Memories of Didion
I first met Joan Didion in the summer of 1993, soon after I moved to New York, at the launch party for Christopher Hitchens’s book For the Sake of Argument. I was mesmerised by the hand with which she held her glass – her long, thin fingers. Those hands are on show in the recent Netflix documentary about Didion made by her nephew, Griffin Dunne: she waves her arms and hands in front of the camera as if casting a spell.
I’d recently been to Miami and had read her book about the city. As she saw it, Miami was ‘long on rumour, short on memory, overbuilt on the chimera of runaway money and referring not to New York or Boston or Los Angeles or Atlanta but to Caracas and Mexico, to Havana and to Bogotá and to Paris and Madrid’. Much of Miami is about the Cuban exile scene, where a love of guns, violence and conspiracy prefigures the paramilitary supporters of Donald Trump. ‘As in other parts of the world where citizens shop for guerrilla discounts and bargains in automatic weapons, there was in Miami an advanced interest in personal security.’ A single word, ‘advanced’, turns a flat sentence into something else.
Some time in 1995 or 1996, Hitchens and Didion were at a supper in New York – this was before Monica Lewinsky had become news. Christopher began to list the charges he was accruing against the president: the dubious suicide of a friend and White House aide; the affair with Gennifer Flowers; the dodgy property deals in Arkansas; and then there was Travelgate – the Clintons had fired the White House travel agents appointed by the Bushes. ‘Christopher,’ Didion said, ‘I don’t do Travelgate.’ No one I know ever silenced Hitchens so effortlessly.
In 1996 I joined George, a glossy magazine founded and run by John Kennedy Jr, which struggled to live up to the gloss of its editor. Didion’s daughter Quintana worked down the corridor as the photo editor of Elle Decor, ever zestful and dismissive of those who made too much of themselves. She wasn’t impressed by fame, and had made a life for herself independent of her parents – as you might if you came from a world heavy with personality.
In 1998, Drue Heinz invited me to a party at her house on the East Side. I arrived early. Paul Johnson was already there, so was Norman Podhoretz. (Hitchens had once tried to describe him in a piece for the LRB as ‘a room emptier’, but Karl Miller objected to the phrase. Christopher asked whether ‘salon voider’ would do.) After this right-wing beginning, a procession of New York’s more liberal-minded writers and politicians arrived, and I found myself at a table with Joan Didion and her husband, John Gregory Dunne. Then Kofi Annan walked in. Didion was very wowed by him. To be taken in by the moment of someone’s arrival, the visceral appeal of it all and to make no point of disguising the attraction, wasn’t something I would have associated with Joan Didion – the hand that I had first seen holding a wineglass was now wrapped round my arm. But seeing meant a lot. At Didion and Dunne’s apartment on the Upper East Side hurricane lamps lined shelves in the main room, while chintz cloth covered the tables in the kitchen where there was often food. In the hall, on a small wooden table, were three pairs of identical spectacles, as if to emphasise the importance of seeing as best you can.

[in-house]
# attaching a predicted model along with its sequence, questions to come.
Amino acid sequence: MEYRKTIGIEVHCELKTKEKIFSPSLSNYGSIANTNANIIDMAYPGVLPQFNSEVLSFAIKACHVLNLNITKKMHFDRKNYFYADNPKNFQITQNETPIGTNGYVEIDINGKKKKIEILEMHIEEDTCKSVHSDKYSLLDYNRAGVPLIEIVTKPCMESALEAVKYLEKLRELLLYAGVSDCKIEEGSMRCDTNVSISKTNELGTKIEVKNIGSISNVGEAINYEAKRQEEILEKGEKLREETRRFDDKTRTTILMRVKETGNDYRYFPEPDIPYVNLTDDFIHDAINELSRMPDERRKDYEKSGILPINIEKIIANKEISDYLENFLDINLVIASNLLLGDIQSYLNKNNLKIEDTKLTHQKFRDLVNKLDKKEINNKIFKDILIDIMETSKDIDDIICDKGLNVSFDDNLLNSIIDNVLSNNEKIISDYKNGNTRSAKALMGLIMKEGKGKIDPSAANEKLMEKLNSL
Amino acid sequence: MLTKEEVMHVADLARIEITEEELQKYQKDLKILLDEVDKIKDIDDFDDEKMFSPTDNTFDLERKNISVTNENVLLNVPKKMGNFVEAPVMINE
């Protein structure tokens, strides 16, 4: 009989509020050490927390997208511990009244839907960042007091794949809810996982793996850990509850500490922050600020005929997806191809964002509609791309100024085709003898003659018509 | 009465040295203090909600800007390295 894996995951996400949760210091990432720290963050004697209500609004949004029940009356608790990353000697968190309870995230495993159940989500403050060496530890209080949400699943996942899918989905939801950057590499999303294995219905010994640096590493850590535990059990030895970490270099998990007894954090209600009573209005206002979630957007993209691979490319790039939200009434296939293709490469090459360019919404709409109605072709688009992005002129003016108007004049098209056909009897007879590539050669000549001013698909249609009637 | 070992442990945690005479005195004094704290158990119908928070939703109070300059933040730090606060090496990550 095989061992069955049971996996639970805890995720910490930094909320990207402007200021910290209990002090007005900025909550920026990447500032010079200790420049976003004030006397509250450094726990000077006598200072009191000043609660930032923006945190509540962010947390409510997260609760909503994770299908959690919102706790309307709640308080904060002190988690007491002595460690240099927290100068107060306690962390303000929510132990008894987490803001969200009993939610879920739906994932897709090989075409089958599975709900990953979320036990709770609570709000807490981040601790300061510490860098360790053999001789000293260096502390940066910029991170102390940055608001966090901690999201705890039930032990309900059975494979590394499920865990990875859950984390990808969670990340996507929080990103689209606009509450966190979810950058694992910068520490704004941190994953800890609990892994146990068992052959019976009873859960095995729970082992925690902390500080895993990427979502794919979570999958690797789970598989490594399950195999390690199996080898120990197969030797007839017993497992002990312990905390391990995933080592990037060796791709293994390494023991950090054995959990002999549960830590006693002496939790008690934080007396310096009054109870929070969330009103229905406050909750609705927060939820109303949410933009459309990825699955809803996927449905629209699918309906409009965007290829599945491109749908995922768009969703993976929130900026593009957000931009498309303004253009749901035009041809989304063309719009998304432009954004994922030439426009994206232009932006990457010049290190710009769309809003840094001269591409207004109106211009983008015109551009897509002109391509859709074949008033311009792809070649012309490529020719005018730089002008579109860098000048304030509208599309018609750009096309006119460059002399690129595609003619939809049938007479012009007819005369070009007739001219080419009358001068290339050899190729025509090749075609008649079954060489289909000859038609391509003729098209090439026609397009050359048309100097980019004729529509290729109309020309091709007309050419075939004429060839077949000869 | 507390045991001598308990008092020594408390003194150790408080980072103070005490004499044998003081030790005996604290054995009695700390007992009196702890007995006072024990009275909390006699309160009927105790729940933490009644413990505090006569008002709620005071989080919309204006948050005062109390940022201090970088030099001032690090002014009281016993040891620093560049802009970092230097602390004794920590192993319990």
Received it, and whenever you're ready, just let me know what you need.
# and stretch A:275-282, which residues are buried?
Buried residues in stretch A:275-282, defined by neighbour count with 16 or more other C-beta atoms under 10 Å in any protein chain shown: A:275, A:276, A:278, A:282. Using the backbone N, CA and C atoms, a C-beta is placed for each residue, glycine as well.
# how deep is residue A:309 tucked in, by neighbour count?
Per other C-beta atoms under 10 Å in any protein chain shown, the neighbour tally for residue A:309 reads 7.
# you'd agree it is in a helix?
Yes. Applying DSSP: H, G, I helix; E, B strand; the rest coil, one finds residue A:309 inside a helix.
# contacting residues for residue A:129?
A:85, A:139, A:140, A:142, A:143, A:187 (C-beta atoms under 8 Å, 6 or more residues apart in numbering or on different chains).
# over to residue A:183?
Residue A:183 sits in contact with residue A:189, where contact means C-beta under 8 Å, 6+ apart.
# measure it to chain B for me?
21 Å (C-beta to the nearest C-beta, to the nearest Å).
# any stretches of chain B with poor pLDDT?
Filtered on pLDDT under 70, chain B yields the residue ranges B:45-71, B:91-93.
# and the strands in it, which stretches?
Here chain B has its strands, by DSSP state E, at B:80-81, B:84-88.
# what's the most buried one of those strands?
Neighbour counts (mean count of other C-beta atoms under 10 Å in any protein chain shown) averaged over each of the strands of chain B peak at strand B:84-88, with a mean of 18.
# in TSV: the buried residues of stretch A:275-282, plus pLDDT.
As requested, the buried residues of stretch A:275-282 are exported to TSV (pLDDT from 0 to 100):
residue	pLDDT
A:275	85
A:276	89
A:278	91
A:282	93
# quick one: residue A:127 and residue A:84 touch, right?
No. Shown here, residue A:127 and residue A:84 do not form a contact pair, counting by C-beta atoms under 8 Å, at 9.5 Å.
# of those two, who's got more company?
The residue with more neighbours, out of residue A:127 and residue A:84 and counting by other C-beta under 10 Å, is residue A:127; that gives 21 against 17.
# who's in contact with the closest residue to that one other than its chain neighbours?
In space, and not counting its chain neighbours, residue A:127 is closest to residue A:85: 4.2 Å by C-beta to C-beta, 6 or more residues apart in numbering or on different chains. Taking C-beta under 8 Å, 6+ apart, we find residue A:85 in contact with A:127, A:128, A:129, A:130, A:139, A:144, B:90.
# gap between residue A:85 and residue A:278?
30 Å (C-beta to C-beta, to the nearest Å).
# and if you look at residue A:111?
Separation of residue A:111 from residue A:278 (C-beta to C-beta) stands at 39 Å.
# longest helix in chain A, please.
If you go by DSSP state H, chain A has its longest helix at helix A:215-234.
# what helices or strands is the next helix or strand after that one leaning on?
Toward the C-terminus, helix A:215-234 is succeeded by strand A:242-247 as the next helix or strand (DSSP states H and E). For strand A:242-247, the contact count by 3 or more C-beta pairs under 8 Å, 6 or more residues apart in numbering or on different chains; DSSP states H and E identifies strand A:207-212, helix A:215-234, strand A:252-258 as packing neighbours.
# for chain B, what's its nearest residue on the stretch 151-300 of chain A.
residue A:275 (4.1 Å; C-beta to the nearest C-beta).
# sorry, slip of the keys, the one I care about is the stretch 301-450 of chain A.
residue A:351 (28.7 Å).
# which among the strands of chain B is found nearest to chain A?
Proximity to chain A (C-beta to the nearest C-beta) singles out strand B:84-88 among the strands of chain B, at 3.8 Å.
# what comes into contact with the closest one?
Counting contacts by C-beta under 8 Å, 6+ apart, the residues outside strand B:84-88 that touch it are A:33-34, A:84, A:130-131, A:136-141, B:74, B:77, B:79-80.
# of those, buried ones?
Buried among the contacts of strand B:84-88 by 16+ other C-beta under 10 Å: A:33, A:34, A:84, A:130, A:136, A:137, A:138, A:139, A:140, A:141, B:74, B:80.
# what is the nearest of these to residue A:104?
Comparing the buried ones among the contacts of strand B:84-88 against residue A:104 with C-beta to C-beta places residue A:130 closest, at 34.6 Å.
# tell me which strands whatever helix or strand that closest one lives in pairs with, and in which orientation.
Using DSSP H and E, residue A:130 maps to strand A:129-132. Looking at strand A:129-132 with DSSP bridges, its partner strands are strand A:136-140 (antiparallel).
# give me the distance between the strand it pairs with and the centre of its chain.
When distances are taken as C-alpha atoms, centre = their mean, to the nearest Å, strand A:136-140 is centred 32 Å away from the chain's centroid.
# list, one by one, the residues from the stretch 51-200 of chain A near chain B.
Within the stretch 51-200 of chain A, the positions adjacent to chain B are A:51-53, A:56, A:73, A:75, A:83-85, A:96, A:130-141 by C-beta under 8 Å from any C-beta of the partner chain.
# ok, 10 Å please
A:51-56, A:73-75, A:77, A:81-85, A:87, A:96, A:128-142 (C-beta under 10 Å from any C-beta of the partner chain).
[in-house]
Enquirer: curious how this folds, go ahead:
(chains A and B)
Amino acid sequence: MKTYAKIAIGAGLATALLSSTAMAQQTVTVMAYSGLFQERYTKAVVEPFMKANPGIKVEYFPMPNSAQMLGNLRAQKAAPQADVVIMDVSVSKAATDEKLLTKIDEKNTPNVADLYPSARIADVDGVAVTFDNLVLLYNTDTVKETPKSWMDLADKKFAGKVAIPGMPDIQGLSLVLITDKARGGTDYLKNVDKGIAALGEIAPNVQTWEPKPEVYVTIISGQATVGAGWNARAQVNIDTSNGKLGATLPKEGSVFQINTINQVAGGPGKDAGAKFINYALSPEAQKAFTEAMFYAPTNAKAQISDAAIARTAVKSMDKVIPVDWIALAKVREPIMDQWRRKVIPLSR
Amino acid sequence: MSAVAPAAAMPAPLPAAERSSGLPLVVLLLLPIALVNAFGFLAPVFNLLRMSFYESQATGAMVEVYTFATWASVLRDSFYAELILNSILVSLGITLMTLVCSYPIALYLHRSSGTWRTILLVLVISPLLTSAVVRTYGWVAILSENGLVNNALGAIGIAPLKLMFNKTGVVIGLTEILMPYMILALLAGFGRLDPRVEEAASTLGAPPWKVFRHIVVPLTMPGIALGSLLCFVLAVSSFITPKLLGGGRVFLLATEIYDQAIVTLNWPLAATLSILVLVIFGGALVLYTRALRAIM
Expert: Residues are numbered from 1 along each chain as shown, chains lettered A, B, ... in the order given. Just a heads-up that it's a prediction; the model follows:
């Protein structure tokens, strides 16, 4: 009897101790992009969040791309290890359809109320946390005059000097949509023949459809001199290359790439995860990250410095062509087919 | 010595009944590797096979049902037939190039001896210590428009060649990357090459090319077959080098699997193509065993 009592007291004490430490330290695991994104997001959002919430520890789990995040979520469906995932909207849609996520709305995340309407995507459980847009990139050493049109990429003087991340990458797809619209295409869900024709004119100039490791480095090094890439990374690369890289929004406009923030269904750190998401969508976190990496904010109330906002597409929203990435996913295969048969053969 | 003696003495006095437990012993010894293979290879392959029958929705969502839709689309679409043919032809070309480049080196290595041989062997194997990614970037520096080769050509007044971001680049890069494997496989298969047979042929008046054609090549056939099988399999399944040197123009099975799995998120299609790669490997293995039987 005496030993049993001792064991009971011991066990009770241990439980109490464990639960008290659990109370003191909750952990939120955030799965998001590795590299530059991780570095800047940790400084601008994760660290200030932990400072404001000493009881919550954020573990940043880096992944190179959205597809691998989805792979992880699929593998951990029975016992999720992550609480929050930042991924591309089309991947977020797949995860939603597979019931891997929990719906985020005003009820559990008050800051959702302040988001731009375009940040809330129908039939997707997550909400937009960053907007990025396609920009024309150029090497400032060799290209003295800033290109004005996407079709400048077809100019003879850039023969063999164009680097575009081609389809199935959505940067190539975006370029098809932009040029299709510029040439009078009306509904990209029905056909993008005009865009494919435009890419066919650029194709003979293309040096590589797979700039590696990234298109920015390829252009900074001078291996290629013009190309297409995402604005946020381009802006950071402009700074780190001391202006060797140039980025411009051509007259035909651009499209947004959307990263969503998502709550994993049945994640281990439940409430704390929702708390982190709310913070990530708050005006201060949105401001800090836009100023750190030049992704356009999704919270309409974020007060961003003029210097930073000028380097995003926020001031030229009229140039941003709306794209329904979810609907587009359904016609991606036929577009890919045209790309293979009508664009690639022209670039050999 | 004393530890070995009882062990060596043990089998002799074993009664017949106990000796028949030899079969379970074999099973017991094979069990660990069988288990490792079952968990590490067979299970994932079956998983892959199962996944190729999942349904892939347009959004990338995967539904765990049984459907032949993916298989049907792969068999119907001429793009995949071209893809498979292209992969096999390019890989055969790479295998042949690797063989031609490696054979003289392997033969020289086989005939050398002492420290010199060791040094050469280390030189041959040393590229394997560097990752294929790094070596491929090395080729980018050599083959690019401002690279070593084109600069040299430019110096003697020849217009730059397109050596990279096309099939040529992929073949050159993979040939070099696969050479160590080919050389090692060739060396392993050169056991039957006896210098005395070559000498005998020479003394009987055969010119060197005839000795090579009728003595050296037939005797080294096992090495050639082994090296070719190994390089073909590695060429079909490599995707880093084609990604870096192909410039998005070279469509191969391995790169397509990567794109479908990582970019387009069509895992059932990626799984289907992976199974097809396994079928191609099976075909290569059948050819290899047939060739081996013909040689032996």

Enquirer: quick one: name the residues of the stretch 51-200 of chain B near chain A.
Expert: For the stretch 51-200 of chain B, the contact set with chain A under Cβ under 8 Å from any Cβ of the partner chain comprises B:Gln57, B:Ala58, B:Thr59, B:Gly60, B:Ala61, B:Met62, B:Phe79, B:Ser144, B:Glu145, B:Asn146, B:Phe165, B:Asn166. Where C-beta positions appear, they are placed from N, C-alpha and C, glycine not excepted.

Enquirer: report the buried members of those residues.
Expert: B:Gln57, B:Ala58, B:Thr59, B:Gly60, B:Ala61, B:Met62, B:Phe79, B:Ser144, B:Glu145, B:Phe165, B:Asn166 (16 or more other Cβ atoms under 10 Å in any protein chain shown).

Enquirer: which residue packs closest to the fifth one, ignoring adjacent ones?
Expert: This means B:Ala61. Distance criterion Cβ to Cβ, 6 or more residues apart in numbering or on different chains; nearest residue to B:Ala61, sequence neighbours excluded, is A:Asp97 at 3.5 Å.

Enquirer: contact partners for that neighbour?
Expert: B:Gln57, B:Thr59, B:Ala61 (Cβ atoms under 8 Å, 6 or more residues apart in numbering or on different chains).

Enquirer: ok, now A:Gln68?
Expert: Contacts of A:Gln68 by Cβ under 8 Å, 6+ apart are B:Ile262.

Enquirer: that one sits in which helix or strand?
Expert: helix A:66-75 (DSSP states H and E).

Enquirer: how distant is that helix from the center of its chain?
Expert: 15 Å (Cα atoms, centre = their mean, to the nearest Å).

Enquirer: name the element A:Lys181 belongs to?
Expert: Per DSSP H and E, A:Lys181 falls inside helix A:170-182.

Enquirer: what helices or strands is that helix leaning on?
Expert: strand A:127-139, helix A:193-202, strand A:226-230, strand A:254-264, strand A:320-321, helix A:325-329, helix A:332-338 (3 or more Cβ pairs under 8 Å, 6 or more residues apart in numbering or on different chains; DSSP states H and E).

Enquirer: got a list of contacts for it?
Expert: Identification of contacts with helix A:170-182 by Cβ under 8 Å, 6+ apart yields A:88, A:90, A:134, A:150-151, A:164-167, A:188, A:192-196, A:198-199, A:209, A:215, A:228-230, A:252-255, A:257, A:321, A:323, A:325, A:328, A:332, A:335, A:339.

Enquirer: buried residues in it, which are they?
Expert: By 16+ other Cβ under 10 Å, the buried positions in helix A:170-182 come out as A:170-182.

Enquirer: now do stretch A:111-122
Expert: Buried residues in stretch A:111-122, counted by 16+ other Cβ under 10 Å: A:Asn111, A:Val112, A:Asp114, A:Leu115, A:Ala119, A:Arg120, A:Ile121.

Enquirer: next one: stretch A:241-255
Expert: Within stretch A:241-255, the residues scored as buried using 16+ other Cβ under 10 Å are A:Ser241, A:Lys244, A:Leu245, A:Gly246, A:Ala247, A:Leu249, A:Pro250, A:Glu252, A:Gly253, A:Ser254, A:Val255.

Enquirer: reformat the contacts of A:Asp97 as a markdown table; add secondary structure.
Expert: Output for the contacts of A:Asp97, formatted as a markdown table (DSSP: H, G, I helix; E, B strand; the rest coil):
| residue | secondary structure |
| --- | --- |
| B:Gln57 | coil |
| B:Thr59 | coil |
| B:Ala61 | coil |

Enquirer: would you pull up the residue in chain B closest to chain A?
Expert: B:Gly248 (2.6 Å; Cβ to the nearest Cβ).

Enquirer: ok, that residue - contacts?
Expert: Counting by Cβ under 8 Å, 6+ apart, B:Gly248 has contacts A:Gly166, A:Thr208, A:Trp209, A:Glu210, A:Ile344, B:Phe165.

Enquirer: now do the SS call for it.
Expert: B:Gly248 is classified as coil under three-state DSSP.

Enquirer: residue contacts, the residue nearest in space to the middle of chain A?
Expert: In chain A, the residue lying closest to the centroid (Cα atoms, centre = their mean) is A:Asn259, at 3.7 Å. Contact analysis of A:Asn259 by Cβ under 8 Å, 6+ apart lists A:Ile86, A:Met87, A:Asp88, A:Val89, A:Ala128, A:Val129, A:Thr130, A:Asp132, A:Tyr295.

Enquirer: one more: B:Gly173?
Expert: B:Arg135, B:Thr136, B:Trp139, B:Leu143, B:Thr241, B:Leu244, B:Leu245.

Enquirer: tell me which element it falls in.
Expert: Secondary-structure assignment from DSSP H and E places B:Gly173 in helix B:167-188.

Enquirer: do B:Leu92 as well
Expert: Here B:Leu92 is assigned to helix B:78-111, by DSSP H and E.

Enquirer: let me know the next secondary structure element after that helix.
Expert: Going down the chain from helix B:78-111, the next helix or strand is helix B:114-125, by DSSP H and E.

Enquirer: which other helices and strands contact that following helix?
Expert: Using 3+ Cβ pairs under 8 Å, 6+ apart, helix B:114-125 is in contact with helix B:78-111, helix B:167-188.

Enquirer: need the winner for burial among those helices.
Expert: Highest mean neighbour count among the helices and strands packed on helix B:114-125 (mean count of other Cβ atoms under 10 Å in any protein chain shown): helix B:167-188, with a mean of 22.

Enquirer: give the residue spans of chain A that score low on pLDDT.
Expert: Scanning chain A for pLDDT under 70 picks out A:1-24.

John Kennedy died in July 1999, and a month or two later Didion and Dunne took me to supper. Dunne said it was essential that I left the magazine as soon as I could, while Didion wanted to know why Kennedy had tried to fly from New Jersey to Martha’s Vineyard that night in July, killing himself, his wife Carolyn and her sister Lauren. I’d seen John leave the office that day: I had no explanation for why he dismissed the instructor who had said he’d be happy to fly with John eastward over Long Island Sound. Didion wasn’t the first or last person to ask what I thought: one person was so angry with John for killing his wife and sister-in-law that she seemed to think anyone who worked with him was somehow implicated in the crash, and I was guilty by association. ‘Grief turns out to be a place none of us know until we reach it,’ is one of Didion’s many epigrams.
‘You will have perceived by now that I was not one to profit by the experience of others, that it was a very long time indeed before I stopped believing in new faces and began to understand … that it is distinctly possible to stay too long at the fair,’ Didion wrote in ‘Goodbye to All That’, her piece from 1967 about leaving New York and returning to California. ‘All I mean is that I was very young in New York, and that at some point the golden rhythm was broken, and I am not that young any more.’